Laura Ingalls Wilder sat at her kitchen table, in January 1930. She was scratching out on paper a record of her life in a collection of notebooks. This was a project she had wanted to do for some years, but with all the work to be done on the farm, she hadn’t found the time for it. Winter was the best time for projects like this on the farm, so Laura dutifully wrote each day for more than a month. She had seen her own daughter write stories for the public and Laura had written for the Missouri Ruralist over the years. She hoped that her personal experiences with moving, struggling and surviving would help others that were currently struggling with the economic problems later known as the Great Depression.
When she was finished she took it up the path to her only living child, Rose Wilder Lane. Rose lived in the old, two-story house that Laura and Almanzo had once lived in. After Rose came back from Europe and stayed with them for a time, she built her parents a stone house. It had plumbing, electricity and a few other modern conveniences – something Laura wasn’t sure they needed and was a little uncomfortable with at first.
Rose helped pay her parent’s bills, and her own, through writing short stories and working for newspapers. She worked hard on writing. She would write every day to improve and create new stories. Her first real success came when she wrote a biography of Herbert Hoover in 1919. Rose would continue to write serial stories for Harper’s Weekly and other magazines to help pay the bills. She maintained a daily habit of writing and kept a journal.
The farm they lived on was more than Laura and her husband could take care of – at least well enough to make money. In 1888, after a scary battle with diphtheria, Almanzo had become nearly crippled and would need a cane for most of his life after that. Like many other mid-western farmers in the 1930s, the depression and droughts would leave their crops and finances severely depleted. Rather than sell their land and move to the city, the Wilders loved and held onto the land.
When Laura brought a draft of her history to Rose, it was not what we know today. It was actually rejected in its first draft as a memoir. It wasn’t until Rose took parts of it and revised a section for young readers, that a publisher was interested. They sent a letter back to Laura and said she should describe more of what life was like as a child. Her gift for description brought the frontier to life for young readers.
Her gift may be due more to practice than a talent she was born with. Her older sister had become blind when they were growing up and Laura would describe things to her sister – acting as her sister’s eyes at times. When the publisher asked for more descriptions, Laura set out adding more to her story and detailing memories from her past.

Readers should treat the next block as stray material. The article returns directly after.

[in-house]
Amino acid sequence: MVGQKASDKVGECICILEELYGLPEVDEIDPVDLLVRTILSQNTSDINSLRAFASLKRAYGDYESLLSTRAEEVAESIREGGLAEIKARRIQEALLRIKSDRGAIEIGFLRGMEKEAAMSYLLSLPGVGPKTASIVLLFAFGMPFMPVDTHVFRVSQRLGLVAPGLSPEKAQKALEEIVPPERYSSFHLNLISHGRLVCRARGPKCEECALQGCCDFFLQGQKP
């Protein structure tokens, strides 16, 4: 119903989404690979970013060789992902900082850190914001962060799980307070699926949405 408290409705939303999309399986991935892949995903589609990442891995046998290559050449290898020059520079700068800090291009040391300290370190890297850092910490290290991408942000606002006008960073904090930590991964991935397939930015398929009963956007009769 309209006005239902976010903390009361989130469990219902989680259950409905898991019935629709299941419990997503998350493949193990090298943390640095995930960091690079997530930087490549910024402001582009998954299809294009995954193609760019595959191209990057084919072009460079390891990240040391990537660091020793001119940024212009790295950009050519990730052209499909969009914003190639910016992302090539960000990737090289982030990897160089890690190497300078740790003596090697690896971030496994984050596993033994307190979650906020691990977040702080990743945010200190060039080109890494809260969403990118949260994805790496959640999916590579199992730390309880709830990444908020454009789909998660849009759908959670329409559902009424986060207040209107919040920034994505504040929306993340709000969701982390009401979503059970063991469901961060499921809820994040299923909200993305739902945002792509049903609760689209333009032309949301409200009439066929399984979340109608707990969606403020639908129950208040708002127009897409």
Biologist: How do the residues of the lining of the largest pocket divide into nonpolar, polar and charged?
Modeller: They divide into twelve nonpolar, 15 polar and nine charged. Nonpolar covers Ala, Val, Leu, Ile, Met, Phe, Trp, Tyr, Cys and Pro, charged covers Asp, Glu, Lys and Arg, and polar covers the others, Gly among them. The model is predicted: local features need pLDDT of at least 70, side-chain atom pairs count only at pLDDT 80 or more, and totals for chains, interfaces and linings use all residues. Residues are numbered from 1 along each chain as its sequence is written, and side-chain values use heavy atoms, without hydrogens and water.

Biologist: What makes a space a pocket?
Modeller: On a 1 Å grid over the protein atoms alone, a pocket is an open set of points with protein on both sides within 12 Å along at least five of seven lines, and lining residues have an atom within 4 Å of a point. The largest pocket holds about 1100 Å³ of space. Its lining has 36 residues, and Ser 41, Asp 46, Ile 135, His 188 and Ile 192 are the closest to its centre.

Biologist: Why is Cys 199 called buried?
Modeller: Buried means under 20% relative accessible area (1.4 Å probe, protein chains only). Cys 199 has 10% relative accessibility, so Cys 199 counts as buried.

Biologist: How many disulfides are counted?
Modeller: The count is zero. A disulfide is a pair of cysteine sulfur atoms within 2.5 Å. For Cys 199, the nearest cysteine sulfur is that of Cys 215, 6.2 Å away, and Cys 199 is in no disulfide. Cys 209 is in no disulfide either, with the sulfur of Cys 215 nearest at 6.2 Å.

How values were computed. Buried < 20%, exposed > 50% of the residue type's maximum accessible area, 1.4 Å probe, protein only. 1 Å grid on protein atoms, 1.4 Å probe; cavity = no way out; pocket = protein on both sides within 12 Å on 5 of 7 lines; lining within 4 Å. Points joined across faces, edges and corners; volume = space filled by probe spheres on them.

Rose meanwhile was worried about money. She wasn’t having a lot of luck with her latest set of short stories and couldn’t get any new ideas. When Laura brought her revised draft to Rose, she threw herself into the work, like she had many times before. They submitted Little House in the Big Woods and it was purchased by Harper and Brothers in December 1931. Harper would release the book for 8-to-12-year-old readers the following April.
Rose never stopped writing though. She didn’t wait for the final results of her last book before she started her next project. Not only did this improve her cash flow, she was also constantly working on her craft. The best performers continue to improve rather than revel in the past.
The work ethic of both women would turn out a series of eight books in 11 years that were almost instantly successful. At a time when the United States was reeling from the depression, it fell in love with the pioneer story of the Ingalls family. The Little House on the Prairie series is viewed by some experts to have helped improve literacy among children across America.
Laura and Rose didn’t always have a great relationship and not every book was met with immediate success. The second book, “Farmer Boy” was originally rejected and the publisher asked Laura to rewrite it. Rose helped to craft it so the theme was stronger and more impactful. She wouldn’t have known how to improve it without years of practice behind her.
Practice is the mundane, behind-the-scenes part of success that can’t be overlooked. Because practice doesn’t usually get a lot of attention from the outside, we may forget its importance. Laura was probably more upset by the rejection than Rose because she hadn’t experienced it as much as Rose. Practice gives us confidence, even when we miss our mark, to achieve greater goals.
Reflect on the goals you set. Have you practiced on them this week? When, and for how long, will you practice the necessary skills so you can accomplish her dream?